Research Papers:

Pleiotropic modes of action in tumor cells of RNASET2, an evolutionary highly conserved extracellular RNase

Marta Lualdi, Edoardo Pedrini, Katia Rea, Laura Monti, Debora Scaldaferri, Marzia Gariboldi, Annalisa Camporeale, Paolo Ghia, Elena Monti, Antonella Tomassetti, Francesco Acquati _ and Roberto Taramelli

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Oncotarget. 2015; 6:7851-7865. https://doi.org/10.18632/oncotarget.3490

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Marta Lualdi1, Edoardo Pedrini1, Katia Rea2, Laura Monti1, Debora Scaldaferri1, Marzia Gariboldi3, Annalisa Camporeale4,6, Paolo Ghia4,5, Elena Monti3, Antonella Tomassetti2, Francesco Acquati1 and Roberto Taramelli1

1 Department of Theoretical and Applied Sciences, Università degli Studi dell’Insubria, Varese, Italy

2 Unit of Molecular Therapies, Department of Experimental Oncology and Molecular Medicine, Fondazione IRCCS Istituto Nazionale dei Tumori, Milan, Italy

3 Department of Theoretical and Applied Sciences, Università degli Studi dell’Insubria, Busto Arsizio, Italy

4 Division of Molecular Oncology and Department of Onco-Hematology, IRCCS Ospedale San Raffaele, Milan, Italy

5 Università Vita-Salute San Raffaele, Milan, Italy

6 Present address: Molecular Biotechnology Center and Department of Molecular Biotechnology and Life Sciences, University of Turin, Turin, Italy

Correspondence to:

Francesco Acquati, email:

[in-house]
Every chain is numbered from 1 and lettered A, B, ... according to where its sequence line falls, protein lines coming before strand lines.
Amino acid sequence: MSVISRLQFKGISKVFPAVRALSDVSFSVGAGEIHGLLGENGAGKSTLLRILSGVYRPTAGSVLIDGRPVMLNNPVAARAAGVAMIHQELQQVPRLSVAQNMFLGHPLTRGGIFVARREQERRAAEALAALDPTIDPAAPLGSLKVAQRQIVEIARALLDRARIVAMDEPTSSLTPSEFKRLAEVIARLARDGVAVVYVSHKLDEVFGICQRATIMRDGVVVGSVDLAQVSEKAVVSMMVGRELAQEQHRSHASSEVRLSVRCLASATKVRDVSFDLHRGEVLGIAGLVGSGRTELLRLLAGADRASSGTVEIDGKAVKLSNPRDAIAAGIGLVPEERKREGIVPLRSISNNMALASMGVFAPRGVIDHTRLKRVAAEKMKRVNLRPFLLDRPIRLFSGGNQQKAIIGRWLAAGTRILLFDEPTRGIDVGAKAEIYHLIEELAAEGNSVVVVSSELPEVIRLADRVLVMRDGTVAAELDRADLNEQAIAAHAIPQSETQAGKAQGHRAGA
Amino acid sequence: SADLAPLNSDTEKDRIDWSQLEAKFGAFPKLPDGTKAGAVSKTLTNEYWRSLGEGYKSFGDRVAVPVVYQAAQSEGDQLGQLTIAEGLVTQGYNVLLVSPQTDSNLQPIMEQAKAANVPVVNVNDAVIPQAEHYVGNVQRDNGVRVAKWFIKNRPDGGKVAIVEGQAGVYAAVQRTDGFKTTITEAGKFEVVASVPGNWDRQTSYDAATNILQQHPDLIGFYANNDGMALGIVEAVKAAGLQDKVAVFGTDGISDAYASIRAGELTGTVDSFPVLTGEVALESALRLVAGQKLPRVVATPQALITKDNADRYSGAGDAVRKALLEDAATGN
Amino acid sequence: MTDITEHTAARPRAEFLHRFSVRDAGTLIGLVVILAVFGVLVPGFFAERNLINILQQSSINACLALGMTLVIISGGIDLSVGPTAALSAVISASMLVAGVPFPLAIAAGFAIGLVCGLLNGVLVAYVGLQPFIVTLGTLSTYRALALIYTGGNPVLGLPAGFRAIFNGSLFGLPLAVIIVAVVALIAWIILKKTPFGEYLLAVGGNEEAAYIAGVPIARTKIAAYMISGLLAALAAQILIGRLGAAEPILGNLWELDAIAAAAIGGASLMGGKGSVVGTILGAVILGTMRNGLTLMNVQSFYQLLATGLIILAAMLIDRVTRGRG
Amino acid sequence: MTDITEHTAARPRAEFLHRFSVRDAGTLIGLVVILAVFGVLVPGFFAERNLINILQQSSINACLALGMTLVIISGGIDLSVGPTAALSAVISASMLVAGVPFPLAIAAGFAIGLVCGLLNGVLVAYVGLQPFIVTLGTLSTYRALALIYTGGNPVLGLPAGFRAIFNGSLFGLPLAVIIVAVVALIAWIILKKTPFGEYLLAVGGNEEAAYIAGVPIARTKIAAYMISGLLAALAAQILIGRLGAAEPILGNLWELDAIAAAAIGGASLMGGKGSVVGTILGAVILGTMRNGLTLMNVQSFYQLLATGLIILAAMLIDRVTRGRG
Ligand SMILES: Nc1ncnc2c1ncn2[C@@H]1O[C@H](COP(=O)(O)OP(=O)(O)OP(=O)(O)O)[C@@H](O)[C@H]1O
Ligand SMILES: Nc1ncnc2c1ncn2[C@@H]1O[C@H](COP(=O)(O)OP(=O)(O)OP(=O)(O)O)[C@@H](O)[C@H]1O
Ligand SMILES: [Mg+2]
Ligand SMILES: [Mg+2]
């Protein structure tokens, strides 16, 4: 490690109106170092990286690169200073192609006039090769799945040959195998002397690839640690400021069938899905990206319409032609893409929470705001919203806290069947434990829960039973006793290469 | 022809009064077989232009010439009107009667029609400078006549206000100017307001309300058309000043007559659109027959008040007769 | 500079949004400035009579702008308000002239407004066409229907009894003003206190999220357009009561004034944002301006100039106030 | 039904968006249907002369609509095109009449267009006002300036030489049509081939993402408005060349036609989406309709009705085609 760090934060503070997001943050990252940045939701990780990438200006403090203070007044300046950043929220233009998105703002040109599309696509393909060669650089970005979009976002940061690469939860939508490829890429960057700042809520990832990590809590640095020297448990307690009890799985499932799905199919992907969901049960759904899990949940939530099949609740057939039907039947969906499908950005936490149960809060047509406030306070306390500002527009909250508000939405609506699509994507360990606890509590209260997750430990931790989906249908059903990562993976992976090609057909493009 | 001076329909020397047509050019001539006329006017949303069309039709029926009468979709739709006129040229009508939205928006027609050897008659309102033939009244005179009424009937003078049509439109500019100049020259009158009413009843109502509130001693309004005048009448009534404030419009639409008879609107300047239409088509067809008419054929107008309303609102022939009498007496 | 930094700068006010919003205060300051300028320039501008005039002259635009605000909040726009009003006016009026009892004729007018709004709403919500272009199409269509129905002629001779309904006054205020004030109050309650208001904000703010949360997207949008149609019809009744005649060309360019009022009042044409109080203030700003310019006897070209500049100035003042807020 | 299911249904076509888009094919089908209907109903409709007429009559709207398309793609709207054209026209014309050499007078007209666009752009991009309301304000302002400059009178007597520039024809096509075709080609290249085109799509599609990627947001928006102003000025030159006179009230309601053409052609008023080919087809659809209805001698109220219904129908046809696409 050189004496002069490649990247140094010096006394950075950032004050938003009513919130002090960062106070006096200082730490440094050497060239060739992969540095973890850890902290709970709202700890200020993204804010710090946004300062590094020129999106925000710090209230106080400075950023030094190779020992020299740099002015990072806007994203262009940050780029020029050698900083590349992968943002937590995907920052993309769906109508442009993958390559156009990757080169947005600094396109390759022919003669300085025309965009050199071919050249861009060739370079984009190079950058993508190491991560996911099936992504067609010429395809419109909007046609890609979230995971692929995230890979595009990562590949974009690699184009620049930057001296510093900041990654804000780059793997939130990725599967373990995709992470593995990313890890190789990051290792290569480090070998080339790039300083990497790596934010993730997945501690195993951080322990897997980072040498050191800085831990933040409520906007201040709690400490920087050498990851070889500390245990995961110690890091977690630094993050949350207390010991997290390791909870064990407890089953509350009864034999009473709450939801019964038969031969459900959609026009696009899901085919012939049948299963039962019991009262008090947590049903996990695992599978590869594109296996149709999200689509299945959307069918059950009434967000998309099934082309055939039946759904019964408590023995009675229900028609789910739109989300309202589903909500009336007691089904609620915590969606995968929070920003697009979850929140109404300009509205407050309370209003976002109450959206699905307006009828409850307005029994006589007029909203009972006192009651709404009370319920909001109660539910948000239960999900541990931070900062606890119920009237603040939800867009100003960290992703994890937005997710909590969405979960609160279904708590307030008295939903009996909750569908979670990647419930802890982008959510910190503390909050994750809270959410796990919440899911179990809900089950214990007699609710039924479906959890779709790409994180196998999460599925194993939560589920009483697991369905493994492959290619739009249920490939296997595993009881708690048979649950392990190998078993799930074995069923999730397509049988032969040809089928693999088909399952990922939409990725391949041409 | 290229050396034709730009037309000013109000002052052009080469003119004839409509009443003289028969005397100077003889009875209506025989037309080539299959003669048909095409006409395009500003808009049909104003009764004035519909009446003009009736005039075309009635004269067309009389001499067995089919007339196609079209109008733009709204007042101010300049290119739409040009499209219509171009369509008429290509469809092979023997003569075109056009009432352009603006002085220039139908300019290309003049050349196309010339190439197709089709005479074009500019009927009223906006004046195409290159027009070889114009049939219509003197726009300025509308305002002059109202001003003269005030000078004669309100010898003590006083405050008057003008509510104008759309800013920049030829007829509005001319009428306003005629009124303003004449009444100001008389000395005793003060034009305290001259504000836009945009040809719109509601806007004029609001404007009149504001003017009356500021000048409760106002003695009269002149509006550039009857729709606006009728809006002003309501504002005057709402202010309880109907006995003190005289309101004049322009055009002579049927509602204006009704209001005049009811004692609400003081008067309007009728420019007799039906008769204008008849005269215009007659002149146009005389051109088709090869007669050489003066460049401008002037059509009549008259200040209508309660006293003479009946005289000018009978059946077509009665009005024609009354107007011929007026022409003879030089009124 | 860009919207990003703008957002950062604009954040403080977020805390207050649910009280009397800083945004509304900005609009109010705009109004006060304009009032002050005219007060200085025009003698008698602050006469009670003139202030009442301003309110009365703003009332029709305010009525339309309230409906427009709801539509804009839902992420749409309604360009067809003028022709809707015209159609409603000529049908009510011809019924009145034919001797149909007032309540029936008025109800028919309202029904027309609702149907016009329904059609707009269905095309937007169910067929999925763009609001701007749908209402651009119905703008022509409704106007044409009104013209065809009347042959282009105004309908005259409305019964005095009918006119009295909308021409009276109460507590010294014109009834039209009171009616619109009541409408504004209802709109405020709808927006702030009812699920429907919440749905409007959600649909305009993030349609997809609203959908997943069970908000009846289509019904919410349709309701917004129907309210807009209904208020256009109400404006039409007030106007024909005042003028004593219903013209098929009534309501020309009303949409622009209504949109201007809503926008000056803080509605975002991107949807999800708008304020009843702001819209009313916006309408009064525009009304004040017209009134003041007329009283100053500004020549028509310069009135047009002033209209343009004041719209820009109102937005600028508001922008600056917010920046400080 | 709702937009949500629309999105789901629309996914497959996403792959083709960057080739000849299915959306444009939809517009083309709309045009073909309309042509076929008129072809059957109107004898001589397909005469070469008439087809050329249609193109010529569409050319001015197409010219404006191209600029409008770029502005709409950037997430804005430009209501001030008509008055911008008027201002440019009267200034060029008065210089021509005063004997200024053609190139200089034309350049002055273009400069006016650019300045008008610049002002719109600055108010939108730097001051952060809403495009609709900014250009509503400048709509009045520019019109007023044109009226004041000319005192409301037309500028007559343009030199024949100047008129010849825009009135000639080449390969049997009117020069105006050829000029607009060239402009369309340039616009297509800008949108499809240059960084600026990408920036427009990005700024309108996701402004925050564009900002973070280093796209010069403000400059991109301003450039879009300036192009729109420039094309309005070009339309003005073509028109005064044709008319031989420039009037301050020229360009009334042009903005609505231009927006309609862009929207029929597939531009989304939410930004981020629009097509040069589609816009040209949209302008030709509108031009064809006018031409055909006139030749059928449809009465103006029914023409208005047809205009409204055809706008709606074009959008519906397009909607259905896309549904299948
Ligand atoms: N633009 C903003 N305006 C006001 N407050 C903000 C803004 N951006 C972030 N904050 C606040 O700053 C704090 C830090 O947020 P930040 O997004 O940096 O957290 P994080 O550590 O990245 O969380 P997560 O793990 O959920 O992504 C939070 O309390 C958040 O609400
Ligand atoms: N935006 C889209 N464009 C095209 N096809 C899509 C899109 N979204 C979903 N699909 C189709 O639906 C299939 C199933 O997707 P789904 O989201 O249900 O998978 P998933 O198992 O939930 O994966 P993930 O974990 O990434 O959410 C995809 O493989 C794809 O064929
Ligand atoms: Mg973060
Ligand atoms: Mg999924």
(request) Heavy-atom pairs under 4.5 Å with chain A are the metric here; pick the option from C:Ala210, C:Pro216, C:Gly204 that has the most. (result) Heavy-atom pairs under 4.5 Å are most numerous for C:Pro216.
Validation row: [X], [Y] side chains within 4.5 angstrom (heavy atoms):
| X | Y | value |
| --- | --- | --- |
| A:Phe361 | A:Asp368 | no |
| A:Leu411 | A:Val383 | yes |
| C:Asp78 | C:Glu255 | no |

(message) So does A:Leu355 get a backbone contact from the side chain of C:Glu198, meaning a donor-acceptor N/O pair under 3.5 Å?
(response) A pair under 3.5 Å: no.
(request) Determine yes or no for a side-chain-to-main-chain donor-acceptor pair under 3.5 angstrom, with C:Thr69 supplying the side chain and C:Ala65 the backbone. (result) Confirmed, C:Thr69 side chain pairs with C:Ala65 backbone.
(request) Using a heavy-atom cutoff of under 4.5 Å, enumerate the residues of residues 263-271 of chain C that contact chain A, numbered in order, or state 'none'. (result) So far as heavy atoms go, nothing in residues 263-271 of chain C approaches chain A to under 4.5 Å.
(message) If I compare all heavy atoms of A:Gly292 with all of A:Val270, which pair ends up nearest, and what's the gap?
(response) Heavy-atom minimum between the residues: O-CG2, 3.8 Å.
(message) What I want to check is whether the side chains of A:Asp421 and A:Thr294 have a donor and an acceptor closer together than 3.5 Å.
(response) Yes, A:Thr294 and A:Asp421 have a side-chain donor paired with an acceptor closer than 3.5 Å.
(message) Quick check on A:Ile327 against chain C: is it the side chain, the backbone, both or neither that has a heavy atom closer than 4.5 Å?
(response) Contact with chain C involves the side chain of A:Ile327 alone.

Keywords: RNase, Ovarian cancer, Microenvironment, Stress response

Received: December 01, 2014 Accepted: February 02, 2015 Published: March 08, 2015


As widely recognized, tumor growth entails a close and complex cross-talk among cancer cells and the surrounding tumor microenvironment. We recently described the human RNASET2 gene as one key player of such microenvironmental cross-talk. Indeed, the protein encoded by this gene is an extracellular RNase which is able to control cancer growth in a non-cell autonomous mode by inducing a sustained recruitment of immune-competent cells belonging to the monocyte/macrophage lineage within a growing tumor mass. Here, we asked whether this oncosuppressor gene is sensitive to stress challenges and whether it can trigger cell-intrinsic processes as well. Indeed, RNASET2 expression levels were consistently found to increase following stress induction. Moreover, changes in RNASET2 expression levels turned out to affect several cancer-related parameters in vitro in an ovarian cancer cell line model. Of note, a remarkable rearrangement of the actin cytoskeleton organization, together with changes in cell adhesion and motility, emerged as putative mechanisms by which such cell-autonomous role could occur. Altogether, these biological features allow to put forward the hypothesis that the RNASET2 protein can act as a molecular barrier for limiting the damages and tissue remodeling events occurring during the earlier step of cell transformation.

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